In its quest to give more attention to decades-old books than new ones, The New York Times Monday ran Jon Meacham's appreciation of Elizbeth Drew's "Washington Journal: Reporting Watergate" and Art Buchwald's "I Am Not a Crook," a collection of the late Washington Post humorist's columns on Richard Nixon's downfall.
Meacham, the presidential biographer, former Newsweek editor and frequent chatterer on TV news shows, writes a regular column for the Times in which he looks back at significant books. Times critic Dwight Garner has a similar column.
While stepping up its recognition of out-of-print titles, the Times has cut back on its reviews of new books. Reviews once received prominent display on the front page of the newspaper's Arts section. But now, book reviews are buried inside, part of a general dumbing down of the Times' cultural coverage.
Drew's book was a collection of her weekly Washington Journal reports written for the New Yorker. As Meacham highlights, Drew's day by day accounts registered the constitutional crisis' slow, incremental buildup. Her pieces had a more reflective, broader perspective than the daily bombshells uncovered by The Washington Post's Bob Woodward and Carl Bernstein, belatedly joined by other newspapers, including the Times.
Buchwald's pieces gave a satirical outlook that softened Woodward and Carl Bernstein's reporting, giving Post readers a different slant. Like Drew's reports, Buchwald showed how everyday Washington responded at lunches and dinner parties to the scandal. While Drew's book might still possess the historical importance Meacham claims, I suspect that Buchwald's pieces would be dated. Nothing ages worse than humor.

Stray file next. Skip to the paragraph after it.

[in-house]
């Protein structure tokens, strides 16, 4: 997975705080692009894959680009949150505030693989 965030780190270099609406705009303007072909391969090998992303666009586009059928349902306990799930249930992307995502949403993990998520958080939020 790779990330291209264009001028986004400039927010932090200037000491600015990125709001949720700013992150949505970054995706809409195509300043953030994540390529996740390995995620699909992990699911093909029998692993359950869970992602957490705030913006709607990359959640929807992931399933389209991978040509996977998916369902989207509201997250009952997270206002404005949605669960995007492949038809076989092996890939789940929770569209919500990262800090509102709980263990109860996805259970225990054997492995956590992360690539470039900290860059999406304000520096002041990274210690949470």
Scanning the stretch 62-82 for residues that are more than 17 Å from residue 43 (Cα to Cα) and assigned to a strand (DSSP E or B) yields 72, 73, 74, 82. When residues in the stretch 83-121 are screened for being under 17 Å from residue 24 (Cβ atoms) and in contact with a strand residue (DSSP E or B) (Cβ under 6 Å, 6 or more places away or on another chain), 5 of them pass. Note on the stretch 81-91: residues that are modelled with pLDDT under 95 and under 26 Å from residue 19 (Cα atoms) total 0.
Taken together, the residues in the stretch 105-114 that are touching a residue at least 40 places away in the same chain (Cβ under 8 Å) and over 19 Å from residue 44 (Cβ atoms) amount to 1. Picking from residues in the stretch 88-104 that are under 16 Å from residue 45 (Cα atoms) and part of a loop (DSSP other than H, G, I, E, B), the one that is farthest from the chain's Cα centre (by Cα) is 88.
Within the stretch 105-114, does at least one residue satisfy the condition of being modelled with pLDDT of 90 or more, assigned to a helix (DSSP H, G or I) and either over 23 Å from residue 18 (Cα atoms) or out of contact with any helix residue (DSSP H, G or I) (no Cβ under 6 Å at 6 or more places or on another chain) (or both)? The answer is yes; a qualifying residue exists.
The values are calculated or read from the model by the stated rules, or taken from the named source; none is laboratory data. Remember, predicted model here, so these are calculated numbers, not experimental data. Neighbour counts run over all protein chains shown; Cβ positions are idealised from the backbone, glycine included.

Meacham's essay gave me nostalgia for the New Yorker's old days under legendary editor William Shawn, although the magazine was nearly moribund in Shawn's final years. Editor Tina Brown gave the stodgy publication a near fatal jolt that proved necessary in the long run.
Brown's getting rid of Drew's Washington report was one of the brash young British editor's worst misjudgments. While Brown did rejuvenate the magazine and added writers such as Anthony Lane, removing stalwarts like Drew cut into the magazine's muscle. Luckily for Drew and her readers, she found a home at the New York Review of Books, for which she continues to turn out insightful Washington reports.
The Buchwald appreciation was also a glimpse at a long-begone era, when columns by such Washington insiders regularly ran in newspapers across the country. A pal of Washington Post editor Ben Bradlee, Buchwald was a national star, battling chronic depression to turn out several satirical columns a week.
I read his work, but confess that I never quite got it. His columns often left me puzzled as to why he was considered so funny in D.C. Buchwald also wrote one of the best journalism memoirs, a recollection of his young days working for the Herald Tribune in Paris. That book would be worth a future Meacham column.